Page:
Do you think a giant eagle would be the ideal mount for a 400lb bovine warrior in full plate armour? Yes? Then you may be a member of the Skyhorn tribe! They’re one of four clans within Highmountain who I’m trying to unite against The Burning Legion. The Highmountain tribe are dominant, having built a budget Thunder Bluff in the area and claiming lineage from the legendary Huln Highmountain.
The Rivermanes are a more peaceful sort, focusing on fishing, agriculture and shamanism. They were the first inhabitants of Highmountain I bumped into during an attack on their river village by Drogbar – a new, kobold-esque cave-dwelling race.
The final piece of the horned puzzle is the proud, martial Bloodtotem tribe, and a little investigation reveals they may have already felt the touch of demonic influence.
Being of the Tauren persuasion myself, Highmountain had a certain allure that I could not pass up. Something about the rolling mesas, sloping hills and carved totems that littered the roadsides remind me of home. I’ve only played my current main for 8 days and 17 hours but that spans several real life years. It’s been a long time since he visited Mulgore, home of his people, but Highmountain is a warm reminder. It’s graceful, beautiful and above all, full of cow-folk just like me. The Highmountain is also Azeroth’s tallest peak, which begs the question of ‘how have we only just found this place?’
The zone’s main questline concerns the previously mentioned Drogbar. Thousands of years have passed since The War of The Ancients, in which the tribes and inhabitants of Highmountain fought together against the destructive Old Gods. They lived together in peace and harmony in their shared mountain home, until the Burning Legion decided they wanted a piece of Azeroth yet again. The arrival of the demons has gotten the Drogbar all worked up, and under their corrupted Underking, they stole a legendary relic of the Tauren. With demons and Drogbar working together, the old tribes are all suffering and are under threat of destruction or enslavement. What they need is a hero, a Tauren just like them who has already saved Azeroth about five times over.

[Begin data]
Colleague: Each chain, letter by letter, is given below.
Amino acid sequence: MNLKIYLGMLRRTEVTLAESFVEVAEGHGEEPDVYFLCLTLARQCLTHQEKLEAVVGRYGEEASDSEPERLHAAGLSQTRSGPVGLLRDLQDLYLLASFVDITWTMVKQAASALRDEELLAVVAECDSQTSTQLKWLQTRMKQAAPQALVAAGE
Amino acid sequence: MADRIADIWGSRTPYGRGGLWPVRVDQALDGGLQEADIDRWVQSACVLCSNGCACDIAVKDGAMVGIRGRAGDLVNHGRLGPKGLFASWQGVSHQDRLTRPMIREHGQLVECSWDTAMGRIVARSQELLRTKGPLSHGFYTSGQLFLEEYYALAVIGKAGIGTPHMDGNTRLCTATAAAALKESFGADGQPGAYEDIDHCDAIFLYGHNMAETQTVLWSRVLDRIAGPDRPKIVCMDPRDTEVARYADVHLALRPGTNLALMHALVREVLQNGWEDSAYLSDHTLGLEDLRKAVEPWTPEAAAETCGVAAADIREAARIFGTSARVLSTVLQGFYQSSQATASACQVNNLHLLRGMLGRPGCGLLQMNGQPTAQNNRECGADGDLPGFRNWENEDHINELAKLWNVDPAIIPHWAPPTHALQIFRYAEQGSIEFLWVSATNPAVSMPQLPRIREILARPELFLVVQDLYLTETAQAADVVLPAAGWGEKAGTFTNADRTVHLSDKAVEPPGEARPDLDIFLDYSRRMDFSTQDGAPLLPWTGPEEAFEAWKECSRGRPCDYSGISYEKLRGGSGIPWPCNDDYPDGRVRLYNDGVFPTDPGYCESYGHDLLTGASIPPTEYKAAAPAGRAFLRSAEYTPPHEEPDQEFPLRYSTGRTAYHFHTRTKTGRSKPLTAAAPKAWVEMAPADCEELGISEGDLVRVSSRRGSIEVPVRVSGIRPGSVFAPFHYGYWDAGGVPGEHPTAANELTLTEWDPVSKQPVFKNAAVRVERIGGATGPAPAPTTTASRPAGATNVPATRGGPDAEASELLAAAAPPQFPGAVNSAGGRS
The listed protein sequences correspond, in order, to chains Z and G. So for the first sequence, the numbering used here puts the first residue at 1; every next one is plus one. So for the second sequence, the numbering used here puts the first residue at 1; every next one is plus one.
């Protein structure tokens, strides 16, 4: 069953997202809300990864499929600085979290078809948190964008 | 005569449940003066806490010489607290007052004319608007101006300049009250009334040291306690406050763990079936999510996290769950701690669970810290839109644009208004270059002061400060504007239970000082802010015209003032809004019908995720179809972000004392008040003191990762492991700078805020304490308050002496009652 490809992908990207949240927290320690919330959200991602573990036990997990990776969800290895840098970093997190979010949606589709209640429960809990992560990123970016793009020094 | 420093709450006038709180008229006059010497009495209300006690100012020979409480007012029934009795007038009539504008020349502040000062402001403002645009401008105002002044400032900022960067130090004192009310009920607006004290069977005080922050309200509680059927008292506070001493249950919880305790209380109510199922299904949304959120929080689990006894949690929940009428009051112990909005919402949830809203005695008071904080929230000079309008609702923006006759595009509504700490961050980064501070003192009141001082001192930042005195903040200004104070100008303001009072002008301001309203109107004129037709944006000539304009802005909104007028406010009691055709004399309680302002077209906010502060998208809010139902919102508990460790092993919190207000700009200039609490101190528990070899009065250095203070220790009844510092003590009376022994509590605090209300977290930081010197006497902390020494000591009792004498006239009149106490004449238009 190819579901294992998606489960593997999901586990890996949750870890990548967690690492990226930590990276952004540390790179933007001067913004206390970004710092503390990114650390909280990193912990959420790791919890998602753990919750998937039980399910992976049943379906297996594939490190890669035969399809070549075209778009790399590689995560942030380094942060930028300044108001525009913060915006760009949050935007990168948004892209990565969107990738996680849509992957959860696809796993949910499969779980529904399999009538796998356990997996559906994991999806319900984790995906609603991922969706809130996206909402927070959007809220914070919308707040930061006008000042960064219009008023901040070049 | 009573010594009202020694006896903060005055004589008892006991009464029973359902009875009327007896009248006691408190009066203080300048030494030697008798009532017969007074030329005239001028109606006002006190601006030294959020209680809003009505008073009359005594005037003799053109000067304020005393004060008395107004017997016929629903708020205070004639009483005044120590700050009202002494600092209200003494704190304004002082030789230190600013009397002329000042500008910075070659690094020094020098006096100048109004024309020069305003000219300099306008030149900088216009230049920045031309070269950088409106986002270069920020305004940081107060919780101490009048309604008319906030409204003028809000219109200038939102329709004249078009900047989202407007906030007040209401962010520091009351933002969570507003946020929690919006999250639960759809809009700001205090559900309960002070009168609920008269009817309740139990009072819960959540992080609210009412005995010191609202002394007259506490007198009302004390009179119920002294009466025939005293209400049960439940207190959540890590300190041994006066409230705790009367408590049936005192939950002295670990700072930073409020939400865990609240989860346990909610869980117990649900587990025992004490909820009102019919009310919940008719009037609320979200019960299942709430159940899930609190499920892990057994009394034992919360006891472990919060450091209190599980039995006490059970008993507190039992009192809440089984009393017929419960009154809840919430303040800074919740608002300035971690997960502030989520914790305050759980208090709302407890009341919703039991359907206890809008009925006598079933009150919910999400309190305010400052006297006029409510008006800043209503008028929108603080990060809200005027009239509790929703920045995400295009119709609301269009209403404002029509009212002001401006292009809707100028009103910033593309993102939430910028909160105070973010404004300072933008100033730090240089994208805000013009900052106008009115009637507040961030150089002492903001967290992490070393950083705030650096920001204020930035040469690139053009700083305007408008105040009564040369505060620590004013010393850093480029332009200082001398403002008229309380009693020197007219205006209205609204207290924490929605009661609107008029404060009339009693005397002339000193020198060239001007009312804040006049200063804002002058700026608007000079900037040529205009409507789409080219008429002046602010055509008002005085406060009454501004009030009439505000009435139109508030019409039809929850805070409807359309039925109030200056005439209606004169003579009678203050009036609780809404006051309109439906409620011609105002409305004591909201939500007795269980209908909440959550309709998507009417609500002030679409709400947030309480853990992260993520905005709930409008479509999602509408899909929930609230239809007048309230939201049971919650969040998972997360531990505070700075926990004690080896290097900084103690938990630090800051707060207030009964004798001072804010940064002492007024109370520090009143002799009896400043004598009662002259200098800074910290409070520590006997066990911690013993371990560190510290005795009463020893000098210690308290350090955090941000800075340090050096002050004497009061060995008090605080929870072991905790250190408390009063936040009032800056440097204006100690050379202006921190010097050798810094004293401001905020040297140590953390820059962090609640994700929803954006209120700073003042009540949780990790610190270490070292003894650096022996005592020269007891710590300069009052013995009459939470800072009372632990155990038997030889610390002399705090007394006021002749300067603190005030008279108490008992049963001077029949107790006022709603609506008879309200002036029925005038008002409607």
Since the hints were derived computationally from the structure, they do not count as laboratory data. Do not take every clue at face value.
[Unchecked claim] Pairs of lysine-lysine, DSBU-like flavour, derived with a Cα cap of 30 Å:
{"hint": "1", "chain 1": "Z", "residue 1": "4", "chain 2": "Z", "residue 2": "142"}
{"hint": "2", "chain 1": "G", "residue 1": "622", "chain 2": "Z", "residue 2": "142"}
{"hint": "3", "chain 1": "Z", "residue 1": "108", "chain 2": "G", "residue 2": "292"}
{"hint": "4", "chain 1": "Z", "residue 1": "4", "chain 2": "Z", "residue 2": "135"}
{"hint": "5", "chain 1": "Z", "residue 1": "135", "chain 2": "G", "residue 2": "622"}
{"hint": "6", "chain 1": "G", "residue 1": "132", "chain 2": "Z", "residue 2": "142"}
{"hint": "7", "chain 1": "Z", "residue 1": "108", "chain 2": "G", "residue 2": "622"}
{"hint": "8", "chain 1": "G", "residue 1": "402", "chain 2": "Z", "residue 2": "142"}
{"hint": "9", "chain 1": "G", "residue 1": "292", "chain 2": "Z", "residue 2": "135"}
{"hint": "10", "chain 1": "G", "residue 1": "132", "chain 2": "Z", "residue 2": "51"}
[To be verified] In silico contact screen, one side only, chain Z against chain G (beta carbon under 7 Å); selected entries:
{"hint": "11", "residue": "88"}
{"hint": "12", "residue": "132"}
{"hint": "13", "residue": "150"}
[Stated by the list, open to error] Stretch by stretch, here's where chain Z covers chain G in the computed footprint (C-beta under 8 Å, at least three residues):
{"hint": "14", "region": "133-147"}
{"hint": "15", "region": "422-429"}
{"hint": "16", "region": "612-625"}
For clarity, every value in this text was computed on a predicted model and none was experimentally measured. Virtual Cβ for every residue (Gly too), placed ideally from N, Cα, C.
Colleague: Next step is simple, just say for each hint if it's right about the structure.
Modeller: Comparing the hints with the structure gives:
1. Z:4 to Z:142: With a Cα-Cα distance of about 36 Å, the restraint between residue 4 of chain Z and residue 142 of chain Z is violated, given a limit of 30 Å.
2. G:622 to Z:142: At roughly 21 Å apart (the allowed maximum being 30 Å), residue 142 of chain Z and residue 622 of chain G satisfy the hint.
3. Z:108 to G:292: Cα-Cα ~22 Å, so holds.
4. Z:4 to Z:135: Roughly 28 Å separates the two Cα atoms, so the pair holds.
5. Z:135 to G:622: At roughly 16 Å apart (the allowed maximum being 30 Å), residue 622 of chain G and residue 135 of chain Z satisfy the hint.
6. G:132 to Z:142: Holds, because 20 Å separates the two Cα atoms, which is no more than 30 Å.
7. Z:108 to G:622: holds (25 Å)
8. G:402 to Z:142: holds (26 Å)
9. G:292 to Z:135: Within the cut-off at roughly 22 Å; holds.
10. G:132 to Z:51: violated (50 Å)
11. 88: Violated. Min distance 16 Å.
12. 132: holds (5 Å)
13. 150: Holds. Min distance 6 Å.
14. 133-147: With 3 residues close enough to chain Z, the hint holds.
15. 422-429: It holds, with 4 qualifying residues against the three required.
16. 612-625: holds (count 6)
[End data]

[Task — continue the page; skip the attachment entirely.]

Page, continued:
I like that the zone has a clear and unified end goal. Trying to get to the bottom of Highmountain’s imminent chaos leads you to Thunder Totem (a copyright suit waiting to happen) and the chief of the Highmountain tribe while flashbacks and visions reveal the region’s history and provide a solution to its modern day predicament.
You need to solve the current plights of the Skyhorns, Rivermanes and Bloodtotems and unite them all under the Highmountain banner to throw back the demonic invasion and restore the status quo. It’s a noble quest that Abalo, holder of many titles, can’t wait to undertake.
Everyone’s favourite hunter – and the only dwarf I’ll not kill on sight – Hemet Nesingwary also makes an appearance. Whenever there’s a new land to explore, you can bet your best pet that he’ll be there with a grin. The usual Nesingwary format is applied to the various beasties that roam the valleys. Within half an hour I’ve killed enough mountain lions to make a blanket for each day of the week. On the Northern coast of Highmountain, there’s a shipwreck area with a bunch of murlocs causing havoc as they are wont to do. These smaller questlines are all over the region, in case being the saviour of a nation gets on top of you from time to time.
All of your efforts to stabilise the region culminate in the dramatic Battle of Snowblind Mesa. With the Bloodtotem tribe beyond saving, their spot is taken by the Stonedarks (A splinter faction of the Drogbar) and thus you’ve assembled your army to take on the warmongering Dargrul the Underking. Fortunately, he has left the network of caves he calls home and has been caught off guard. It’s off up the peak to stage the final battle and halt the Legion-inspired conquest of Highmountain. Three or four small quest chains later, and I’m watching the final cinematic. I also happen to hit level 110, perfectly on time.
To summarise; it’s easily my favourite of Legion’s quest zones. The land itself is high and mighty, with cascading waterfalls round every turn. The notions of unity and friendship are very saturday-morning cartoon-esque, albeit much more deep and meaningful. For a cherry on the top, completing quests and grinding reputation here means that I’ll unlock a new player race. Now, my next character can be a Tauren with slightly different horns and some facial paint. Oh, Blizzard, how you do spoil me.
I treasure this noble pocket of the world, fully aware that it’s all about to change. With WoW’s current marketing being all about the Horde / Alliance beef, it’s refreshing. I needed to just sit in one corner of the map and grind out a decent quest-line. That, for me, is what the game’s all about. Plus, knowing the chaos that’s ahead makes me cherish Highmountain even more.